What sparks inspiration? What causes the muses to say: Give in. Release me?
Sometimes it's a subtle nudge: a small poem, splashes of paint on a canvas, a sketch, a few movement phrases put together in the dance studio.
And sometimes the spark turns epic. A symphony resounds. A fully staged ballet unfolds. A sculpture garden can't stop growing.
Romano Gabriel's garden of wood was planted and nurtured on his front lawn on Pine Street in Eureka for all the world to see. By the time it was done, Gabriel had built so many pieces his home was barely visible to passersby. Folk artists don't set out to enter the world of art openings and chatter over glasses of chardonnay. They're generally self-taught, following their hearts and imaginations toward creating something that speaks to our hearts and imaginations. From the years when Gabriel was creating sculptures outside his modest home, to today when rows of his garden are safely housed in a faux storefront in Old Town Eureka, locals and travelers alike revel in the abundance of the painted wooden people, flowers and animals. One admirer, Danny Furlong, director of North Coast Dance, feels a particular connection to the life of this artist and the magnum opus he spawned.
Whatever seed of inspiration drove Gabriel to embrace such ardent vision, it in turn blossomed and dropped another seed, lodging itself in Furlong's psyche where a new work gestated until it was born in the form of a dance. Furlong sees his new work, Gabriel's Garden, not as a ballet, but as a sophisticated musical, a docudrama, a dance theater biography about the man and his work.
Furlong was granted full access to everything Romano Gabriel. Surrounded by piles of photographs, news clippings and some of the smaller pieces Gabriel fashioned with his own hands, Furlong absorbed the essence of Gabriel. He was transfixed by the reclusive man whose massive output far from the artistic mainstream has become internationally known. Furlong says, "I do understand this man on a great level -- I am channeling this dude."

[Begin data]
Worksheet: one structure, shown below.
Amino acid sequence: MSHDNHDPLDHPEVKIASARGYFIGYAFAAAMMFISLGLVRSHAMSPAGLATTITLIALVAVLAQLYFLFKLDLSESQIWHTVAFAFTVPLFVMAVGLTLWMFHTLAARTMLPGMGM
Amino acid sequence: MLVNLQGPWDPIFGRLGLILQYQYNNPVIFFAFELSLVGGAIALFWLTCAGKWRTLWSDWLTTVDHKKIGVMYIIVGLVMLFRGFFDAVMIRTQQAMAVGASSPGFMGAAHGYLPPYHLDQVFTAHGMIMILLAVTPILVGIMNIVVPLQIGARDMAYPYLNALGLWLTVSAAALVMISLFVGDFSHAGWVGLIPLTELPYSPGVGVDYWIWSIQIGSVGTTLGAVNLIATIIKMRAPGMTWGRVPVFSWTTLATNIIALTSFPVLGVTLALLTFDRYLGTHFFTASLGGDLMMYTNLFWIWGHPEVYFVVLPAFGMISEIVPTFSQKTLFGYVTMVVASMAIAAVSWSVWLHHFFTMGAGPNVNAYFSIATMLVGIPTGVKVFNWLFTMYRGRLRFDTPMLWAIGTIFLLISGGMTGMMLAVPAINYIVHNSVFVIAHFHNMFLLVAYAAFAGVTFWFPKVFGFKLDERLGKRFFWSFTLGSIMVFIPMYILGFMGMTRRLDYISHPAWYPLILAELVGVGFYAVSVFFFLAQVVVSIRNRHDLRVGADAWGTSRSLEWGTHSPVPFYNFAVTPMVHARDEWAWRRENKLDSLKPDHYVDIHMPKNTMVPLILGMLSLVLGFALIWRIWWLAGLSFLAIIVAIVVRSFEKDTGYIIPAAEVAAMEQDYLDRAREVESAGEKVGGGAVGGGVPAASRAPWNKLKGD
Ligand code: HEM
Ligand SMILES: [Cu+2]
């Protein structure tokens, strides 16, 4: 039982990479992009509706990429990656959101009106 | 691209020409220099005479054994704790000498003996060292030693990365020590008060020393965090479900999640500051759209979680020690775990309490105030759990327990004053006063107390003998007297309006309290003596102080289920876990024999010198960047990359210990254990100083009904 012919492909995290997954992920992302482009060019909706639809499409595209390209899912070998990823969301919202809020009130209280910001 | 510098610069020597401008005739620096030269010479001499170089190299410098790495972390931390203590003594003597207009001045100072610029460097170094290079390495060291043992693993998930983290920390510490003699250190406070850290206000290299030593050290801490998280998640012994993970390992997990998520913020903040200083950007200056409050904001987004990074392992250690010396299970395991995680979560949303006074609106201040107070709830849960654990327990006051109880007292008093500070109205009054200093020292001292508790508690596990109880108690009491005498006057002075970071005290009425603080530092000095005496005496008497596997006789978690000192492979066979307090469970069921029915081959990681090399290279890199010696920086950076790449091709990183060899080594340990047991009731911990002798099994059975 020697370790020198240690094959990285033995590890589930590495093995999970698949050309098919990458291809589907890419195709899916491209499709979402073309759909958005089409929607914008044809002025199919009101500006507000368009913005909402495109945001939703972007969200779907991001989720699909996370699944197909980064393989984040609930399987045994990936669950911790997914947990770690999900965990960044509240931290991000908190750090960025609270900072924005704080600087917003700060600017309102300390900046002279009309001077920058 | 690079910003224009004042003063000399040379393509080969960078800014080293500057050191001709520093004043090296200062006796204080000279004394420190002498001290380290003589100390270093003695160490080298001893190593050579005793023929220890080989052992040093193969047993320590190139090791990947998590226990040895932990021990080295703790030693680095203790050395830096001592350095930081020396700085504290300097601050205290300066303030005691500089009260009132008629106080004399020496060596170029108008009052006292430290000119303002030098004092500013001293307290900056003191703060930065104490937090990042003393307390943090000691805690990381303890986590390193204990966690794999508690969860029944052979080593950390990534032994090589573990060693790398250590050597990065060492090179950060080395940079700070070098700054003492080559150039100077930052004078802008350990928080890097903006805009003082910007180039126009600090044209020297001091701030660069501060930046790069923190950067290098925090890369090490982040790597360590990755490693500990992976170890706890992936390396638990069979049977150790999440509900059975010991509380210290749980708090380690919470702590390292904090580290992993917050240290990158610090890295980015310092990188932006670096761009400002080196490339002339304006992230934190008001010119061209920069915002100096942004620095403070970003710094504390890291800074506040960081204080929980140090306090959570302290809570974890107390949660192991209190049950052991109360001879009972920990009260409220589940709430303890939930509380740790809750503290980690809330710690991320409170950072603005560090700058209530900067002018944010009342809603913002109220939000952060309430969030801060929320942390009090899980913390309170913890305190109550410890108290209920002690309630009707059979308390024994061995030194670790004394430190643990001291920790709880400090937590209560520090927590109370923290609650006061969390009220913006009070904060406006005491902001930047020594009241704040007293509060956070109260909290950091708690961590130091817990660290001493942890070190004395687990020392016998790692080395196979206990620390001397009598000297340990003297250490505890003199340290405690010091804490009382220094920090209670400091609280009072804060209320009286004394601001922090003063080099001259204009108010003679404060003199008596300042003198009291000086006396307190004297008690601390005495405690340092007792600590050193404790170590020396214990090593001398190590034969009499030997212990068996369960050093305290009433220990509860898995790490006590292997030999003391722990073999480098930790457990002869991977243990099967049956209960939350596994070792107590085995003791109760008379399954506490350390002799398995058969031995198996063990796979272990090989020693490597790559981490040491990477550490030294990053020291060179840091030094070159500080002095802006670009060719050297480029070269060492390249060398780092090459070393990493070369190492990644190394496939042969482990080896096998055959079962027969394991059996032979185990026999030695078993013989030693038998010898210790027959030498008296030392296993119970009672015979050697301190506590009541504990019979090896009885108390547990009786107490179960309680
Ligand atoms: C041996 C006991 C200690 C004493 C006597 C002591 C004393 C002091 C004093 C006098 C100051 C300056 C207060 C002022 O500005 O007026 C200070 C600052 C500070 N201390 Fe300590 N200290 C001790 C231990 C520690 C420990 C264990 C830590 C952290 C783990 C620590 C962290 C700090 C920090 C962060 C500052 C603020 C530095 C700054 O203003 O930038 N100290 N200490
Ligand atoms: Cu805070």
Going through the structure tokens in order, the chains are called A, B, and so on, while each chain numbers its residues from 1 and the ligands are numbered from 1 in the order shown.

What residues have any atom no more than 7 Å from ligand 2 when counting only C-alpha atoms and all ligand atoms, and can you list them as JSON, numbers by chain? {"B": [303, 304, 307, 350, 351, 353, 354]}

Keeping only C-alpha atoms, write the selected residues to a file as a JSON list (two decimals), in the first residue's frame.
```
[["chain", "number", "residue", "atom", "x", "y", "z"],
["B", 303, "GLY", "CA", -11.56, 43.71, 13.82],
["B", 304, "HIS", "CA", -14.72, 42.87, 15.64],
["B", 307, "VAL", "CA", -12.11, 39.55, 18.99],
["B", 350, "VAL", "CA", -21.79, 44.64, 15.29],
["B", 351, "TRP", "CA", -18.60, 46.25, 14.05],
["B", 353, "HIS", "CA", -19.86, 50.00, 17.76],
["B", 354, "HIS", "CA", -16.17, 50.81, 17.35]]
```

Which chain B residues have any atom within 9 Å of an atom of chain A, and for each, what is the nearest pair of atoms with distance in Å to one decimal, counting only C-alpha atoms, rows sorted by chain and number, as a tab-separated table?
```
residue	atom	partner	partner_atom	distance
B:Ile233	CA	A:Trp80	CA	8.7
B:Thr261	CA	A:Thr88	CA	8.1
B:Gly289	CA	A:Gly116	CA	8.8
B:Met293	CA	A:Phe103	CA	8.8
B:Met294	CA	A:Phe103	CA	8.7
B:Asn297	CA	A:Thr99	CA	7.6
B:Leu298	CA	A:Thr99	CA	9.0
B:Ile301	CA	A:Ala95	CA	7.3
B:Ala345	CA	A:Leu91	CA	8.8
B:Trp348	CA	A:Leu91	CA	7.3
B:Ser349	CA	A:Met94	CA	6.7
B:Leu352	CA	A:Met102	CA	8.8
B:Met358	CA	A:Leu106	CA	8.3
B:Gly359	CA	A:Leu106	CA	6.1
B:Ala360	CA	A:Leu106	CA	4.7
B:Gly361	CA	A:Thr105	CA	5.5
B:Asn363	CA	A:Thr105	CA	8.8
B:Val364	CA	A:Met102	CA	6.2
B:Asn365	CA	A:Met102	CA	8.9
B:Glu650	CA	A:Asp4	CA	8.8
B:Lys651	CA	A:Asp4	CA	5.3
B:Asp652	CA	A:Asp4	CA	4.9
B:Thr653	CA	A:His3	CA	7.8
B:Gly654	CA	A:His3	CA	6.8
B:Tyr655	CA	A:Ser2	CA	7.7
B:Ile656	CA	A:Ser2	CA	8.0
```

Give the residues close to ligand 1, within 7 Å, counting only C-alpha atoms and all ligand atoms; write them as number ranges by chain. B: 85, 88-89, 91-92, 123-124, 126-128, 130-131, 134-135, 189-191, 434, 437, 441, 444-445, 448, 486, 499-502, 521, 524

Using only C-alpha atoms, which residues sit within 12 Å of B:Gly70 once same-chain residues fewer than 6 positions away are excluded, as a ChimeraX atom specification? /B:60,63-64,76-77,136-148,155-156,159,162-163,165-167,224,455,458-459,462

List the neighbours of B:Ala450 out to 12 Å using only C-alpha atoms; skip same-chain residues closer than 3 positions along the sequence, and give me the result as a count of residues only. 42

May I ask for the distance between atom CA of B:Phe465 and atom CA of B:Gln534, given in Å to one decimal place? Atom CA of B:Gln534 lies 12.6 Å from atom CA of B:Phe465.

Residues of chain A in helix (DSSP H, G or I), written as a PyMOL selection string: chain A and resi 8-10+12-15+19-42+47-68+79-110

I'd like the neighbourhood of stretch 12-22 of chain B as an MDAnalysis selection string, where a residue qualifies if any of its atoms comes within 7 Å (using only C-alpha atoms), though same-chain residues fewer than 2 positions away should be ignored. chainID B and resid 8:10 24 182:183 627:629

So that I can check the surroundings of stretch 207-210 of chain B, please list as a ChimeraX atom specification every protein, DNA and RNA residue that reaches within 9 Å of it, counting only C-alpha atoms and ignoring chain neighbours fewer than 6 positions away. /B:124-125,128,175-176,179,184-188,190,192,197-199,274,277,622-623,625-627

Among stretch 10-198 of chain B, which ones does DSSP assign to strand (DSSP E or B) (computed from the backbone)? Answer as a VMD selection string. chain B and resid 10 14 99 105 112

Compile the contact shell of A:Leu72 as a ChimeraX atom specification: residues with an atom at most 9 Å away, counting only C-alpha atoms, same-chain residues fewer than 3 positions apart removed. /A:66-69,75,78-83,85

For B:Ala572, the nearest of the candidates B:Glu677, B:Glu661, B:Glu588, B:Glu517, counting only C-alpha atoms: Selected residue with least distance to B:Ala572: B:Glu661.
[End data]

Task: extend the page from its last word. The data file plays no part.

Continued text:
Even while happily showing off photos, Furlong measures out his words, squinting his eyes as he deliberately picks his way through the bits of history he has gleaned. Sitting in his office upstairs in the North Coast Dance studios, which is cluttered with all things Gabriel, Furlong tilts back in his chair, his long legs stretched before him, his fingertips steepled. At 54, he is lean and fit, with a dancer's carriage and a gentle smile. Furlong had a full career in the greater dance world before taking over as director of North Coast Dance in 2001. Like Gabriel, he has made a name for himself here on the North Coast, far from any large urban art center. He choreographed four original full-length ballets in 10 years, an artistic accomplishment beyond the scope of restaging a good Nutcracker every December.
Furlong takes pride in the trust Eureka's Vellutini family, who own the Gabriel estate, bestowed on him, opening their archives to him alone. He feels connected to the story of this loner who made such a big picture on the street where he lived. "The oddest, amazing thing," said Furlough, occurred when he was deep into the project. "The groundwork [for the show] was long done, we had received grant money, we were in production, and I find out we have the same birthday." Romano Gabriel was born 70 years to the day before Danny Furlong. Gabriel died when Furlong was 20 years old and just beginning to make his own name in the dance world.
Among the characters in Furlong's Gabriel's Garden are three ages of Gabriel, as a youth in Italy, a young man on his way to America and in his later years. There's Gabriel's mother in Italy; Doris "The Lady Who Cared" (clearly an homage to Dolores Vellutini); and his friend's son, Louie Rolandelli. Memories of his life and the sculptures he created come to life, dancing. They express Furlong's take on what the wooden garden denizens might represent.